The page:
Friday, May 22, 2009

Kerrzy's Notebook: Shakin' the Magic 8-ball

I know that Colin Campbell has a tough job.

I’m not here to say that he doesn’t. As the Senior Vice President and Director of Hockey Operations for the NHL, he has the task of deciding what warrants a suspension and what doesn’t.

Like I said, I know that’s a tough job and I don’t think I’d want to do it. But I just wish Campbell could at least make it look like he isn’t just shaking a “Magic 8-ball” for every decision.

What do I mean? Well, I’m glad you asked!

With the help of YouTube, I’ve compiled a ton of examples of suspensions vs. non-suspensions from this year’s playoffs to give you my perspective on the issue.


We’ll start with the most recent bit of controversy around the league: the knee-on-knee hit.

There was outrage when Washington’s Alexander Ovechkin (he says, accidentally) went knee-on-knee with Pittsburgh’s Sergei Gonchar, causing the Pens top blue liner to miss the next game.



Ovechkin wasn’t suspended, and Pens players and fans alike cried foul. One Pittsburgh forward said after the game “If I did what he did, I wouldn’t be on the ice.”

Oh really, Penguins forward Matt Cooke? Carolina Hurricanes forward Erik Cole was forced to leave game one of the Eastern Final after a knee-on-knee collision with…who else, but Matt Cooke!



No suspension there either – though both victims of the hits left the game with injuries. At least Alex Ovechkin got a penalty on the play!


From knees, we move on to cheap shots!

Now, I’m going to show you four video clips, and I want you to guess which one resulted in a suspension. Ready? Here we go!

A) Dan Carcillo on Max Talbot:



B) Mike Cammalleri on Marty Havlat:



C) Scott Walker on Aaron Ward:



D) Scott Niedermayer on Pavel Datsyuk:



Before you make your decision, here are some other facts about each play:

-The Dan Carcillo incident happened late in a 4-1 loss to the Penguins.
-It was tied in the third period when Mike Cammalleri clocked Marty Havlat.
-The Scott Walker sucker-punch came when the score was 4-0 Boston.
-The Scott Niedermayer elbow was thrown after his team’s 2-1 win.

ALRIGHT – so class, which of those clips warrants a suspension? If you answered A) Dan Carcillo on Max Talbot, you’re unfortunately right!

Even though the Cammalleri punch was basically the exact same thing, even though Niedermayer tried to take an unsuspecting Datsyuk’s head clean off and even though Walkers instigator penalty in the last five minutes of a game is supposed to be an automatic suspension – only Dan Carcillo felt the wrath of Colin Campbell.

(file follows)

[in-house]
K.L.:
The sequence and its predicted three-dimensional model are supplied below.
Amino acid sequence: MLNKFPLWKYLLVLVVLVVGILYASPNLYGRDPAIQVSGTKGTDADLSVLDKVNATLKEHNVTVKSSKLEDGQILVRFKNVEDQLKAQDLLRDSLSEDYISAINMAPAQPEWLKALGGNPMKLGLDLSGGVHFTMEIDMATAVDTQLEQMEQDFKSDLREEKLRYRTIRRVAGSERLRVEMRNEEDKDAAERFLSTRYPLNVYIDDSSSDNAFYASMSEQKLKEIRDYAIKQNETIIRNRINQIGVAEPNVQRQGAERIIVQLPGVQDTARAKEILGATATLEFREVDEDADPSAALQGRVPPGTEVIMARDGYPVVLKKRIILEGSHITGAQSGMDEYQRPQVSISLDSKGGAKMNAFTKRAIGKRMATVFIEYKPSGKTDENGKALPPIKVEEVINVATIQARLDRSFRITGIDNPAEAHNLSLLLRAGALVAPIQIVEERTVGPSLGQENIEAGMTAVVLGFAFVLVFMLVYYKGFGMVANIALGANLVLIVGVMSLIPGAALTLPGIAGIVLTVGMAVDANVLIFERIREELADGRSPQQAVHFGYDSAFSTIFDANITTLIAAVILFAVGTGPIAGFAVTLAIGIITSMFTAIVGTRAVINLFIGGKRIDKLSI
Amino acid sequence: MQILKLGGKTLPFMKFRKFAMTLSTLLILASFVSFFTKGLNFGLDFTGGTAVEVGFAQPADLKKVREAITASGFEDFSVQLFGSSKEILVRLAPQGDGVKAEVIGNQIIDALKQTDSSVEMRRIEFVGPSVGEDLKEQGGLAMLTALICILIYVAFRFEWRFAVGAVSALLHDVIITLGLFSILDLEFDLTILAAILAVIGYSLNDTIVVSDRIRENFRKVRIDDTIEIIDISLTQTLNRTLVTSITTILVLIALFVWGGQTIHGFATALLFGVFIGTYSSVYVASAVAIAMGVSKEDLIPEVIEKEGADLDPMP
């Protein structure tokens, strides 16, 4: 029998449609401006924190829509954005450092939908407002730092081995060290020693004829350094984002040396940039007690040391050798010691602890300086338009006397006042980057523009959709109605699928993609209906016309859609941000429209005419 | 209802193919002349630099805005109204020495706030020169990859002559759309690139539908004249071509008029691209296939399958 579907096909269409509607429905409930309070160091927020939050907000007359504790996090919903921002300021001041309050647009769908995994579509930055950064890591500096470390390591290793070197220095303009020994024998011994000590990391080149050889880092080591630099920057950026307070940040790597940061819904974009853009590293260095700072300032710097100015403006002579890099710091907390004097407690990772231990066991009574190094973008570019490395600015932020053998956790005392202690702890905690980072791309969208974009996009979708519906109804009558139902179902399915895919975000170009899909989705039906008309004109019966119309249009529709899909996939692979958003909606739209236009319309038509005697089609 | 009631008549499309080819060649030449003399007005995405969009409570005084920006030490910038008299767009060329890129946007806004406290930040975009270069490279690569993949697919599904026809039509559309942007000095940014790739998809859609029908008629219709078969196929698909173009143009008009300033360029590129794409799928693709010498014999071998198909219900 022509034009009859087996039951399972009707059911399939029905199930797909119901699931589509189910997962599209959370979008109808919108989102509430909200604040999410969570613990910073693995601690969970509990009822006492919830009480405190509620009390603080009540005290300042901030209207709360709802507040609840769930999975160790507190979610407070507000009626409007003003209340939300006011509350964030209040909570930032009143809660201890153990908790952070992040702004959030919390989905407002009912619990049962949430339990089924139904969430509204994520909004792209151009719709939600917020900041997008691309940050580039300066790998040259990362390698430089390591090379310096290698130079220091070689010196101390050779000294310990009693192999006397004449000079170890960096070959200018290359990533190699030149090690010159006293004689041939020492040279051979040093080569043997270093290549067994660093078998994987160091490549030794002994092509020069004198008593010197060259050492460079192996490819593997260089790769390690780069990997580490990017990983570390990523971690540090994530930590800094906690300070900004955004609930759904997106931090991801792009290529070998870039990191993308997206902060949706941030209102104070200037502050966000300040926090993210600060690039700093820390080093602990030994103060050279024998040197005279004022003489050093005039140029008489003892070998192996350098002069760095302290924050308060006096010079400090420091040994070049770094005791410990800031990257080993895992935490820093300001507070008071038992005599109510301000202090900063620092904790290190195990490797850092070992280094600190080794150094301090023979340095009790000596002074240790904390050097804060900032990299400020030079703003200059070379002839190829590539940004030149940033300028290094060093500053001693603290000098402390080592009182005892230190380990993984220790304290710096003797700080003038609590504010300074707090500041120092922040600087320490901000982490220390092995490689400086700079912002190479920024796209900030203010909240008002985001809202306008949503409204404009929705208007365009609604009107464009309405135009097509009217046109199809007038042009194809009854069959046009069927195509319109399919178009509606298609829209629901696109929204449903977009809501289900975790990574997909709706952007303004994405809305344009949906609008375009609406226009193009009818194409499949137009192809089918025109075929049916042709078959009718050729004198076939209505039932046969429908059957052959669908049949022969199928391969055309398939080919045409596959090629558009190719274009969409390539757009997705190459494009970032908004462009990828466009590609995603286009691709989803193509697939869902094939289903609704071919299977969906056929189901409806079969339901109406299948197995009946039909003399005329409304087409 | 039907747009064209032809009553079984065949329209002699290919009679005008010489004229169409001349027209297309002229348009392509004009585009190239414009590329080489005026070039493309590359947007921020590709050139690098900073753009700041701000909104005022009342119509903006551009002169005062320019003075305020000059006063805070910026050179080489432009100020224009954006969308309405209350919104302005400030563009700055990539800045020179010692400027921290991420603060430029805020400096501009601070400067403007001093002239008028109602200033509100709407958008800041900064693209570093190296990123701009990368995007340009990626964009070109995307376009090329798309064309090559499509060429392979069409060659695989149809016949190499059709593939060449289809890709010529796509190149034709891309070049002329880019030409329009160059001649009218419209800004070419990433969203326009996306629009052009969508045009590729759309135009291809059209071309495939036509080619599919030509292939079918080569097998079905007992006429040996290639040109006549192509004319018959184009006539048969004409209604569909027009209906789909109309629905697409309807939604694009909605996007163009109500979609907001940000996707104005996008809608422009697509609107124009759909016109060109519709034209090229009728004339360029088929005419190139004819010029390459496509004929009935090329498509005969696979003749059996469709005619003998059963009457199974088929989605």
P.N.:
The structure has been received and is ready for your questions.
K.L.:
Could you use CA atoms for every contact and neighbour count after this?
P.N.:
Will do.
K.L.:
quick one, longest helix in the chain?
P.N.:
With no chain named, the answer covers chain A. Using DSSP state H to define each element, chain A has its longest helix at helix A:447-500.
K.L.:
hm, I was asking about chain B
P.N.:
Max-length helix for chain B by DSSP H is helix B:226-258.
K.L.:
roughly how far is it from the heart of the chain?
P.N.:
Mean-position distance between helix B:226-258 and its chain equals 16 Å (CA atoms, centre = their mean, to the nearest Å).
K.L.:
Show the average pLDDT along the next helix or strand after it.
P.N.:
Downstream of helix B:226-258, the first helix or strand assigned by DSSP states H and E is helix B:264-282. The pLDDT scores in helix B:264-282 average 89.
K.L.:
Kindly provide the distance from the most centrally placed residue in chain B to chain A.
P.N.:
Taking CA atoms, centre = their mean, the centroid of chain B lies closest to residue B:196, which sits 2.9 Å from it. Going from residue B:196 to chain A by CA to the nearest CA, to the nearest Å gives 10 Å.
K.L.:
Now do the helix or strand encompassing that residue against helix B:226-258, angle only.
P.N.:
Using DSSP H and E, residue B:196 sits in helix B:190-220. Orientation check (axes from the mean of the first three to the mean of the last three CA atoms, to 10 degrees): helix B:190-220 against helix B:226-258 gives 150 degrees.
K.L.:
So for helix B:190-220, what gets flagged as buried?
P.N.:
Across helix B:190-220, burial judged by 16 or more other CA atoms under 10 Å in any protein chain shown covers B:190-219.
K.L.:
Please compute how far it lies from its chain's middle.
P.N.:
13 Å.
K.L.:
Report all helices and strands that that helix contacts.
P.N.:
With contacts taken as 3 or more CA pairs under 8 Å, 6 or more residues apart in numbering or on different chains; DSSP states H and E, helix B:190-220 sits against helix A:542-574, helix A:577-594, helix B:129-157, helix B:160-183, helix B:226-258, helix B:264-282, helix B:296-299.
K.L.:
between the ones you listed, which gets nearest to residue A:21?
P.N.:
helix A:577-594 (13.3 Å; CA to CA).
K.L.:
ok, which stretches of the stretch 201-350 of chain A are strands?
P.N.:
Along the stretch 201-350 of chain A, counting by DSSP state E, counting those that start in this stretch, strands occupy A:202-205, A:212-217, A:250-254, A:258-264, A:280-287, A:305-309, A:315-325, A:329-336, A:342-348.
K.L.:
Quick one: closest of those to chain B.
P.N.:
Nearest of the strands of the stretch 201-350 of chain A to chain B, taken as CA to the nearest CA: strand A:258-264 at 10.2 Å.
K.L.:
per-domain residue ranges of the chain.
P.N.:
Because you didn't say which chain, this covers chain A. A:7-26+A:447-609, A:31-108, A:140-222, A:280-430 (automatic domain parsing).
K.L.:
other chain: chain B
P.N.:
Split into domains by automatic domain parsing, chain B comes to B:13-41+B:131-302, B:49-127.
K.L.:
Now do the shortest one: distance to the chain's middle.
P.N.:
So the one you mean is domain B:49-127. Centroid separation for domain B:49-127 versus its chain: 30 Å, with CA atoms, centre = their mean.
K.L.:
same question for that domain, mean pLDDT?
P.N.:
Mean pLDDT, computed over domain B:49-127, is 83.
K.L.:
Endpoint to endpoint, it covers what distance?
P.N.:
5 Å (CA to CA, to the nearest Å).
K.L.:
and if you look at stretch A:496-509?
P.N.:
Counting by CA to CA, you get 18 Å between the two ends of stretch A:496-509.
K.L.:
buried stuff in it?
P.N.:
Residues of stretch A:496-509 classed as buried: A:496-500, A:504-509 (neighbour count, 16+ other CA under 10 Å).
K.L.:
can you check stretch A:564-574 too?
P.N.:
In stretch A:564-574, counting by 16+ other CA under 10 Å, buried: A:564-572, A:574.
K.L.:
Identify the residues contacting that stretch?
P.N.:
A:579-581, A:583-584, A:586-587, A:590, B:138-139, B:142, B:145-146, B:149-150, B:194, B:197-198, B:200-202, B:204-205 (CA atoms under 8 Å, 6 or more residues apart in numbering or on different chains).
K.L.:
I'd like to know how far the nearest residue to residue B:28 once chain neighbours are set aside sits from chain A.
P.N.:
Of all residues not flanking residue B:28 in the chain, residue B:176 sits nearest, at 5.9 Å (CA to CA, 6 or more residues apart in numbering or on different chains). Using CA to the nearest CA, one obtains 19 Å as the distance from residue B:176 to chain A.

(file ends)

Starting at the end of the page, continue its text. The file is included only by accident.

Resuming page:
In fact, his team was fined as well for the incident. See my point about the Magic 8-ball? It HAD to be in play when these decisions were made.


Onto our next category, cross checks!

Heres an example of a clear-cut suspension and another play that was a non-call, but probably should have been at the very least a fine…

In the last five minutes of a 5-1 Boston win over Montreal in game two of the first round, Bruins forward Milan Lucic picked up a one-game suspension for a cross check to the head of Montreal’s Maxim Lapierre (who got a 10 minute misconduct on the play too).



Lucic got a one-game sit down for that blow to the head. What do you think Chris Kunitz should have gotten for this cross check to the throat with 37 seconds left in a loss?



Not only did that Kunitz throat-check go un-called, his Pittsburgh Penguins scored just moments later.


AND NOW – for the grande finale!

The NHL says it’s firmly against headshots out there on the ice, so when a player sees another player in a vulnerable position he shouldn’t try to decapitate him.

At least, that’s what they want us to think.

Despite blows to the head being outlawed in international hockey, the NHL continues to let its players get away with just about everything…unless you have a reputation, that is.

Washington Capitals tough guy Donald Brashear is the only player to get a hefty suspension so far in these playoffs – five games for a blind-side hit NY Rangers forward Blair Betts, that broke his orbital bone.



Like it or not Mr. Campbell, giving Brashear five games for that hit sets a bit of a precedent, and the people expect that you’ll follow that.

In round two, Anaheim’s Mike Brown laid out Jiri Hudler of the Detroit Red Wings with what looked like an elbow to the face, as Hudler was looking the other way after dishing the puck to a teammate.

By then, he was out of the play so there was no real benefit to Brown ‘finishing his check’ other than potentially putting Hudler (who had just taken an elbowing penalty) out of the game…



Brown got five and a game for interference, but nothing beyond that from the league. Was it a headshot? Yes. Was it a retaliatory headshot? Maybe.

Should he have been suspended at least one game for a hit very similar to the Brashear one that landed him five? I’d say so.

This last one is for you Anaheim fans who think I’m just bringing up the Brown hit because I root for the Red Wings.

Nik Kronwall busted Ryan Carter’s nose with this hit and Ducks fans cried about it because they say Kronwall left his feet…



At least Carter had the puck on his stick, not like the Hudler hit! This is a two-minute penalty at best, though.

There, are you happy Ducks fans? (Probably not, because your season is over! Burn!)


In closing…

I’d like to once again say that I know that Colin Campbell has a hard job, and I know that he can’t just go around suspending everyone...but looking at some of the stuff that’s gone on in these playoffs really makes me wonder what’s happening at head office.

The NHL has painted itself into a corner, and until they straighten out what their own rules are, it’s just going to get uglier.

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